Ready to Race
a big racing season for many endurance athletes. After a long, hot
summer of training, you want to get the most out of that effort on race
day. In the final few weeks before a big race, there’s very little you
can do to improve your performance, but a lot you can do that could
is a process of stress and adaptation. You can think of training in
terms of cost and benefit. The costs of training are damage to muscles
and joints, a weakened immune system, fatigue, and a risk of injury and
illness. The benefits are that in response to the training stress, your
body adapts and becomes stronger. That adaptation doesn’t come
overnight. It typically takes 6-8 weeks to adapt to new levels of
training stress. Training stress and adaptation will be the subject of
a more in depth article later.
Count back about eight weeks from your big race. That should be the
last time you introduce any new element to your training. New means
increased distance or intensity (as well as any new type or training).
This doesn’t mean that you shouldn’t do any more hard or long workouts.
It takes more than one workout to adapt to a new training level. You
need to repeat those peak distance or intensity workouts to adapt.
However, over the final eight weeks of training, don’t add additional
distance or intensity, or any new routines to your training.
I know many marathon training programs, for example, continue to
increase the long run until two or three weeks before the big race.
They are designed to get a new marathoner to survive a marathon, not to
excel. Continuing to increase the distance may build confidence, but
you won’t have time to adapt to that distance. If you’ve just increased
your long run to 16 miles (for example) 8 weeks out from a marathon,
you still have to adapt to that distance. You may be better off
repeating the 16-mile run, rather than increasing the distance.
Continuing to increase the distance until your taper increases the
chance of injury, may leave you fatigued at the race, and probably
won’t make you any fitter.
The focus during these final several weeks should be on peaking for the
race. Many of your runs should be at race pace/effort*, or slightly
faster/harder. This will get your body more used to the running at the
right pace, and easier to settle into that pace on race day. Doing some
of your runs a little faster/harder also help. That way, when you
settle into your race pace, it will feel easy. You should still do your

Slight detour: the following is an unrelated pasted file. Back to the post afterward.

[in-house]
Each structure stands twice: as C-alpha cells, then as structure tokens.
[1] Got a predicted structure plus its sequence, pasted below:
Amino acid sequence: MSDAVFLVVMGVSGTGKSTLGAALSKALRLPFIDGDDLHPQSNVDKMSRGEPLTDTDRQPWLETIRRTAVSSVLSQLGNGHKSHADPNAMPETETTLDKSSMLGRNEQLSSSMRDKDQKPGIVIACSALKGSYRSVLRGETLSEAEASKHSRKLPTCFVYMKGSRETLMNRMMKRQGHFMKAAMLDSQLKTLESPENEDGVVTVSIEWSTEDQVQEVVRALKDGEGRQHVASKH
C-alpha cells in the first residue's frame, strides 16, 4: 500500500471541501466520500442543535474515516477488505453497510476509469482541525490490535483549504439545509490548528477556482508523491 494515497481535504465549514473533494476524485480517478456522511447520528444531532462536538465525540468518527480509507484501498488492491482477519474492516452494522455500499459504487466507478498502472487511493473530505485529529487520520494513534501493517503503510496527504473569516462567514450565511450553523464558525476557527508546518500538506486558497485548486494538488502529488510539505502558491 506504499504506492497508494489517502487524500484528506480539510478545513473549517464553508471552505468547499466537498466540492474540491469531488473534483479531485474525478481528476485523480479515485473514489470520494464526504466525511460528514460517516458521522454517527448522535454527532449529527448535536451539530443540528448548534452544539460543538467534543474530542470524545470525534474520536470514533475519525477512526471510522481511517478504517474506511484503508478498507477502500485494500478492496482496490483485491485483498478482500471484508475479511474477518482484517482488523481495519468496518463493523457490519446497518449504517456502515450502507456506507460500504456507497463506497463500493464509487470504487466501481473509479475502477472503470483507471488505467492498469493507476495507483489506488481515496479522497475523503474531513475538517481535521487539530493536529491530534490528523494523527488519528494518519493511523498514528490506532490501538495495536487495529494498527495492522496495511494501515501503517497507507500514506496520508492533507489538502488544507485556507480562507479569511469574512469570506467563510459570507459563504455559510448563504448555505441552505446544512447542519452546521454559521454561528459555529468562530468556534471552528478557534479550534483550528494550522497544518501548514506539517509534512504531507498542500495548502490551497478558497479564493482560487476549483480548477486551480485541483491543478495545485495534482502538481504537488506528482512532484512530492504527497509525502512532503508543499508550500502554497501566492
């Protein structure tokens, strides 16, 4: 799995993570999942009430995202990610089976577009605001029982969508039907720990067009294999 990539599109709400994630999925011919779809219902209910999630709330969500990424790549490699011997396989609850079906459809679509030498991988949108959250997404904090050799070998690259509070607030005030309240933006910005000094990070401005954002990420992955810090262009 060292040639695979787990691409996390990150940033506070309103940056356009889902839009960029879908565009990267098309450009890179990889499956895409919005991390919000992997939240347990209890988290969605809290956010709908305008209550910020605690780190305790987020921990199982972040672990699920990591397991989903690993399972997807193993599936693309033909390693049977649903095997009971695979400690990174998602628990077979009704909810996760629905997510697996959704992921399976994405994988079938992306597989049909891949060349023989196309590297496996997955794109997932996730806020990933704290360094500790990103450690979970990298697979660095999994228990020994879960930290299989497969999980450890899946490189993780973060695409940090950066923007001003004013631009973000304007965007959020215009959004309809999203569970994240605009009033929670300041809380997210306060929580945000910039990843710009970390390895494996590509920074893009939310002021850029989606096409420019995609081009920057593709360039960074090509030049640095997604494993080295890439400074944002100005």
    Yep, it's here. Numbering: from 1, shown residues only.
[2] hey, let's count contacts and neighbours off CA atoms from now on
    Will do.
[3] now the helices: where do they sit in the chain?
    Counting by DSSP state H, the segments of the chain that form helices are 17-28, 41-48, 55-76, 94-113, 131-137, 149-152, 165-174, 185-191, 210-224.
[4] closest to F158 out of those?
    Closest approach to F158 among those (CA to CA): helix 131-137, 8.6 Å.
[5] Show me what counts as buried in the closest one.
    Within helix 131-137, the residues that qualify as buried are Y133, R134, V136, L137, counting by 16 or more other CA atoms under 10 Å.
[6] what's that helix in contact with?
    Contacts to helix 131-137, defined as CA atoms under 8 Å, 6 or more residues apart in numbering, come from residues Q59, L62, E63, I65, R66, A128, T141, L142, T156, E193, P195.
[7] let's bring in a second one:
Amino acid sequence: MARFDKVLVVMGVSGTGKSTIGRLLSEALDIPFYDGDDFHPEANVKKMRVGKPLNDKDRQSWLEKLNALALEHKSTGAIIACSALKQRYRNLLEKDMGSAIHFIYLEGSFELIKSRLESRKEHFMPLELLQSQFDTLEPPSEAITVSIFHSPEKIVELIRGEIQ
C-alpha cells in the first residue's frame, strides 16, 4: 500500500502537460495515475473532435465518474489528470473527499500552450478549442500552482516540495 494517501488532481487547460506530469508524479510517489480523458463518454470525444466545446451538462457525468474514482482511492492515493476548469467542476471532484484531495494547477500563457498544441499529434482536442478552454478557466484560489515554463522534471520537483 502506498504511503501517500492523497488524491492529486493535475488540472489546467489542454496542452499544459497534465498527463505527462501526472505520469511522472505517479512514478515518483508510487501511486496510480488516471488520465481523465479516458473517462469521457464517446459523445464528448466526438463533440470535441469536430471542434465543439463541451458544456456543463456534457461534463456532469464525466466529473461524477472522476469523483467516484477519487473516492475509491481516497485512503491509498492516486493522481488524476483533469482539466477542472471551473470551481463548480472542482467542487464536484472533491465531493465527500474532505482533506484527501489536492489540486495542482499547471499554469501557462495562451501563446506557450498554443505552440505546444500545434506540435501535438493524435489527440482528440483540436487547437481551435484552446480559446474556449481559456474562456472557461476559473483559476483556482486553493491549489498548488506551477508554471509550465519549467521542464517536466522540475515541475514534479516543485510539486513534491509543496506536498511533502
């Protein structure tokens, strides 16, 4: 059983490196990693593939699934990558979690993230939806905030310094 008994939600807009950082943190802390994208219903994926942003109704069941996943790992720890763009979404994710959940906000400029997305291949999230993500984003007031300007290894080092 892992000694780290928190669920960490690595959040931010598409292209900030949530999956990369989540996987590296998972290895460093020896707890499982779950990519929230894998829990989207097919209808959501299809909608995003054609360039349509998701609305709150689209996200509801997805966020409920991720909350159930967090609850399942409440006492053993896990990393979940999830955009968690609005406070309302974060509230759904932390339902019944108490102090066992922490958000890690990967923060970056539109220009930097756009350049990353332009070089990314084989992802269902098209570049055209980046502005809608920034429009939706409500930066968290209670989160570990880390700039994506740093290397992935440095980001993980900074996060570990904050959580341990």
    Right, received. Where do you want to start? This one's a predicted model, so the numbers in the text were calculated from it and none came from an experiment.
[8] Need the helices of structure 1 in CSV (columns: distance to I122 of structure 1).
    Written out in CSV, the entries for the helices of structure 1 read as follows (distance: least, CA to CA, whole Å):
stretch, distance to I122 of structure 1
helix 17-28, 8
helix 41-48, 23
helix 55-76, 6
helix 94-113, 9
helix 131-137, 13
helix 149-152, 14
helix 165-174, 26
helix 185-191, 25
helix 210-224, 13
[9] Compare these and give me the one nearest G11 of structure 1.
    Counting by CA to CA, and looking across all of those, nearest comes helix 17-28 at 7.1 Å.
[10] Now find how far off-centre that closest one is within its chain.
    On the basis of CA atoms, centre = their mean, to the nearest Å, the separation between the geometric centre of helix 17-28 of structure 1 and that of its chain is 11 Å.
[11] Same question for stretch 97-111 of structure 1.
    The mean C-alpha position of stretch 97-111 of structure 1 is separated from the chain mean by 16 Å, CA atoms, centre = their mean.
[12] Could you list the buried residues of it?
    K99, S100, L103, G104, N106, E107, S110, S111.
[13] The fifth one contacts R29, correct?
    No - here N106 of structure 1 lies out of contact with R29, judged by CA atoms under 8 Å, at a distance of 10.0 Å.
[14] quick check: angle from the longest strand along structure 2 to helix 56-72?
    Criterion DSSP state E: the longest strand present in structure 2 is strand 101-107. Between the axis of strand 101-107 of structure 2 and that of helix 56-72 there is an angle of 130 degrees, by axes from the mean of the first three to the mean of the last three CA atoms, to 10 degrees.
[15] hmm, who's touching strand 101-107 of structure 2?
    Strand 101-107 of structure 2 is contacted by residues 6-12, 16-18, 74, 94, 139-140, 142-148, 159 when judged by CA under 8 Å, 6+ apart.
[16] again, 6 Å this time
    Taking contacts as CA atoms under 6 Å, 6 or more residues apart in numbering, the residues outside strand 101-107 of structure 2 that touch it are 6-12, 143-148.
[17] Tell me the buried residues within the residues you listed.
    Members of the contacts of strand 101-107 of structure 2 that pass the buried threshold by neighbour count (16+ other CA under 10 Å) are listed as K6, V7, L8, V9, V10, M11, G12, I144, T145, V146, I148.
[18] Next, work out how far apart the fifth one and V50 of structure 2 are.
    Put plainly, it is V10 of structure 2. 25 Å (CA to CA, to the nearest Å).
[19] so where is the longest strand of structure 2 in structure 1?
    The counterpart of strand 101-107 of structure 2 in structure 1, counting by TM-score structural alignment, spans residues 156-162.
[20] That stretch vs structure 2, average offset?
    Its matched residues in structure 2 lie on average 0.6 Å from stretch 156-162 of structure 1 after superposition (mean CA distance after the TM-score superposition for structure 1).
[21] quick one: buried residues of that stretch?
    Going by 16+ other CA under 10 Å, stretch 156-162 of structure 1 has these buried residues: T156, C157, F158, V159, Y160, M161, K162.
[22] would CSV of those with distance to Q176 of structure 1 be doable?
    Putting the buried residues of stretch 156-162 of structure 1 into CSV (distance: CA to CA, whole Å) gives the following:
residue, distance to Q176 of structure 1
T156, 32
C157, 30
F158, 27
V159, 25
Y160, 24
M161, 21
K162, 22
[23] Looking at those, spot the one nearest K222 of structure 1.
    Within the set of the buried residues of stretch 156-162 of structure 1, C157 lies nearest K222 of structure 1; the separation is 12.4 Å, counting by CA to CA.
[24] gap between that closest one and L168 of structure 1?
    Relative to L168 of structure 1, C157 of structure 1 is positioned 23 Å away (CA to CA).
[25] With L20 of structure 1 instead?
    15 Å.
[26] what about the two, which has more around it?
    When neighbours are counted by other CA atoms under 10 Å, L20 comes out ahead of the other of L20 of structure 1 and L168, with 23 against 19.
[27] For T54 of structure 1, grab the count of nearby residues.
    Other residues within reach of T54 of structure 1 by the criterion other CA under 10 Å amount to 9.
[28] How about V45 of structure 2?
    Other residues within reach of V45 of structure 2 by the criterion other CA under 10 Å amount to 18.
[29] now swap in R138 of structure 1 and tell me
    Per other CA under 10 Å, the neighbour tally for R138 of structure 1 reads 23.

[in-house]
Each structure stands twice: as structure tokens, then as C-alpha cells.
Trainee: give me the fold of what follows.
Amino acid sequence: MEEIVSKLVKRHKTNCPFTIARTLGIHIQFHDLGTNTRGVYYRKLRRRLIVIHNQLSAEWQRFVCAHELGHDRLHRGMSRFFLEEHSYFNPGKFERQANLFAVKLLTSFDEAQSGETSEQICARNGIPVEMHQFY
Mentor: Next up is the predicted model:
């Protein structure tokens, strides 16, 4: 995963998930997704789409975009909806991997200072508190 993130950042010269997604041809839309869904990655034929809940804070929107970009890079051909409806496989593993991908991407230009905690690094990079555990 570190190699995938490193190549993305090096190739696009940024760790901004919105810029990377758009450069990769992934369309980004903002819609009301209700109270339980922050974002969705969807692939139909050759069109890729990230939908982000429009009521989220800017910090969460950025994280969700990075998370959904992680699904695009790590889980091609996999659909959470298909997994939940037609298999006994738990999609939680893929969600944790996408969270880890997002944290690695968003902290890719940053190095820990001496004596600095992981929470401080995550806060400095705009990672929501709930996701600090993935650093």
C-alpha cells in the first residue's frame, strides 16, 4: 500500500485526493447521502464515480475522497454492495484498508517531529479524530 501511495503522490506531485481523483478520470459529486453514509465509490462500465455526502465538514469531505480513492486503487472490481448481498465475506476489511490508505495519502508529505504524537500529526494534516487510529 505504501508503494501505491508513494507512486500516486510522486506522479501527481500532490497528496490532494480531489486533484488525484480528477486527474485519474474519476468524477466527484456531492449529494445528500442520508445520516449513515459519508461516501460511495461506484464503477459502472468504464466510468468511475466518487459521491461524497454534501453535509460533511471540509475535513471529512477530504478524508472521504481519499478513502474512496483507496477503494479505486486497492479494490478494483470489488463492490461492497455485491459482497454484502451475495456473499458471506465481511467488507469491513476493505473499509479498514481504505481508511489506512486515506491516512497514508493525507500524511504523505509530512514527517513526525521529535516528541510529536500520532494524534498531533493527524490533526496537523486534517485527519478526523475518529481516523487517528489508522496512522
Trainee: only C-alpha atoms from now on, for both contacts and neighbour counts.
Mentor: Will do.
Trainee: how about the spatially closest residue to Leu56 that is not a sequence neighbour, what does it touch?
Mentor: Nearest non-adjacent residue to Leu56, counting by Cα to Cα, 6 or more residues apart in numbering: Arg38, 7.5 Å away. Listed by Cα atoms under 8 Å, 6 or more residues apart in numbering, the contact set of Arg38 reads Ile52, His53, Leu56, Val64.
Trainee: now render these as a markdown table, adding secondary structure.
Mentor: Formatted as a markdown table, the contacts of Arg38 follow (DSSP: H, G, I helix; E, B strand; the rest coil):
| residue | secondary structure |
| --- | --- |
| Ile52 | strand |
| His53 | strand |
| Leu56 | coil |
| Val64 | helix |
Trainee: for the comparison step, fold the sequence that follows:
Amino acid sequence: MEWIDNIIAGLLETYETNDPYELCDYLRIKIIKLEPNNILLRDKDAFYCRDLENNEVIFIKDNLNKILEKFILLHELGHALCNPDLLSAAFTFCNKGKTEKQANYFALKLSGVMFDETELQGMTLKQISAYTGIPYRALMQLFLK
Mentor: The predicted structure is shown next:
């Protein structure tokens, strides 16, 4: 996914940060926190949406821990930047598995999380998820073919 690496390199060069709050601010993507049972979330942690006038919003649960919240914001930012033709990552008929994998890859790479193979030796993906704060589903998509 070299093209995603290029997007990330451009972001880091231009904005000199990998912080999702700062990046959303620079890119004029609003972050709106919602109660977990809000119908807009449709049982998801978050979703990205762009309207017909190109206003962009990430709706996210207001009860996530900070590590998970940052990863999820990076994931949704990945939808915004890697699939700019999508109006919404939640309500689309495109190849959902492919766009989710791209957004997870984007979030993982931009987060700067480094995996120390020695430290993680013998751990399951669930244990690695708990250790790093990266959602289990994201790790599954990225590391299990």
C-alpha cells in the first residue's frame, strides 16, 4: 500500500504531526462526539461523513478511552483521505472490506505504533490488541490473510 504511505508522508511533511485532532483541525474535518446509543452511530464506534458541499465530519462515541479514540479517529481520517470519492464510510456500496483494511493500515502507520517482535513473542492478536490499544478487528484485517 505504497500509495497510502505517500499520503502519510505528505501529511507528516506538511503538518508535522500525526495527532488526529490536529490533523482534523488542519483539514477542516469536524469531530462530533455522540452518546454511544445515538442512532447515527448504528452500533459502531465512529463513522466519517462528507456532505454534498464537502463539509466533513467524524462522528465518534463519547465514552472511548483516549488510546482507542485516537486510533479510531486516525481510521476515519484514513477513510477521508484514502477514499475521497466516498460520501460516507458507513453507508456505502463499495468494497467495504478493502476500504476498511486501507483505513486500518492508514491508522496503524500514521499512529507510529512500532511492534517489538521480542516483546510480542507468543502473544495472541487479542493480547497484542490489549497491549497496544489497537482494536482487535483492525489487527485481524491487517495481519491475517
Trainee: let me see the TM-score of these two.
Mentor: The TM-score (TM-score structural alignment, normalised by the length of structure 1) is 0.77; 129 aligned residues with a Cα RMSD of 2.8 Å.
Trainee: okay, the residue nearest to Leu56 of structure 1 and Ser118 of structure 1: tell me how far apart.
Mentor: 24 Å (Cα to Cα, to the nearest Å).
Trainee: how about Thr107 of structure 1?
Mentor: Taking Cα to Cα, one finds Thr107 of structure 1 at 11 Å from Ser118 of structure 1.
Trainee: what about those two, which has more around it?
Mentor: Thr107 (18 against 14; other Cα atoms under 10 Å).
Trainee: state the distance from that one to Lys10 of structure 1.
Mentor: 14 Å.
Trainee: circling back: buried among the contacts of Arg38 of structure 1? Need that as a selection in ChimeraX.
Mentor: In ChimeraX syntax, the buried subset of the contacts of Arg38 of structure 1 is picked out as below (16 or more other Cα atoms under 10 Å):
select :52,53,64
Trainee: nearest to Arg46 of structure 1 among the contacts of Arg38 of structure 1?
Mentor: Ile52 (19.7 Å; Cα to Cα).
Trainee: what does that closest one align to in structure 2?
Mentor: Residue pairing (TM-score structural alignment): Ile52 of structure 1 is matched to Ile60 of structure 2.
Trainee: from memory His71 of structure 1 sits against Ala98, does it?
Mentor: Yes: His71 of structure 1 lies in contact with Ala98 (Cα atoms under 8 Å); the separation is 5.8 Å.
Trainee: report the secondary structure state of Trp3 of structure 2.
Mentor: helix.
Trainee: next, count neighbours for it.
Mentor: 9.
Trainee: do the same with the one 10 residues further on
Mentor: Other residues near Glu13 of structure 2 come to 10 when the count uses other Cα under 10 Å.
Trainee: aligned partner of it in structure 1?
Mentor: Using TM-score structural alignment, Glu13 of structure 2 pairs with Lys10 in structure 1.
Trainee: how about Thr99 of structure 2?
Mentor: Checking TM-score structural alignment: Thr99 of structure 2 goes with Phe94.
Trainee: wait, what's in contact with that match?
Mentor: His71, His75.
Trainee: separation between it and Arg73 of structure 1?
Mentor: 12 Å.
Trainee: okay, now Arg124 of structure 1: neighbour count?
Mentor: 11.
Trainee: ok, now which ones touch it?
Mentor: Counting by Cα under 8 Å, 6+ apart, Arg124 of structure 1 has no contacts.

long and easy runs at a slower pace.
There may not be a lot of benefit to running a lot faster than race
pace at this stage. If, for example, you’re training to run a marathon
at an 8:00 pace, just because you can blast a few 400s in 1:40 (6:40
pace), doesn’t mean you should. If your target race is a longer race,
the faster speed work should come earlier in your training.
*I use “pace/effort” because for many of us in Colorado, your race may
be at a higher or lower altitude. If you’re going to race at sea level,
that same sea level pace will feel harder at a mile high; that same sea
level effort will be slower at altitude. If you’re racing up in the
mountains, it’s the reverse. There’s a benefit to practicing both.
a good time to practice race conditions. This includes doing more
training runs at race pace and effort. If you are racing at sea level
(coming from altitude), you should practice running both at race pace
and effort – race pace at altitude will be at a higher effort than that
at sea level; race effort will be at a lower pace.
Run in the morning, at race time. If you prefer to run in the
afternoons or evenings, like me, this means changing your habits and
forcing yourself out of bed early, at least some of the time. Practice
the whole race morning routine a few times, including waking up early
and eating your pre-race meal. That can be a challenge if racing in
another time zone. I recently (5/3/09) did a marathon on the east coast
with a 6:30am start time. That meant getting up and running at 4:30am
You can benefit by doing an actual race as practice. This can help you
prepare for the nervous energy and hassles of race morning. Just
remember that it’s for training, and not a goal race. It should be a
shorter than goal race distance, or easier than goal race pace/effort.
For example, run a half-marathon at marathon race pace/effort
final couple of weeks is a balancing act of competing forces. On the
one hand you want to be fully rested. When training consistently, you
never fully recover. Even though you may not feel tired, muscle fibers
are always fatigued and your immune system somewhat compromised. On
race day, you want every muscle fiber to be as fresh as possible.
On the other hand, you don’t want to lose any fitness or become
“stale.” “Stale is like the feeling you have when getting up after
sitting on the couch or at your desk for a few hours. If you sit too
long, your muscles and blood vessels contract. You want to maintain
that race-like sensation in your muscles, and maintain your body’s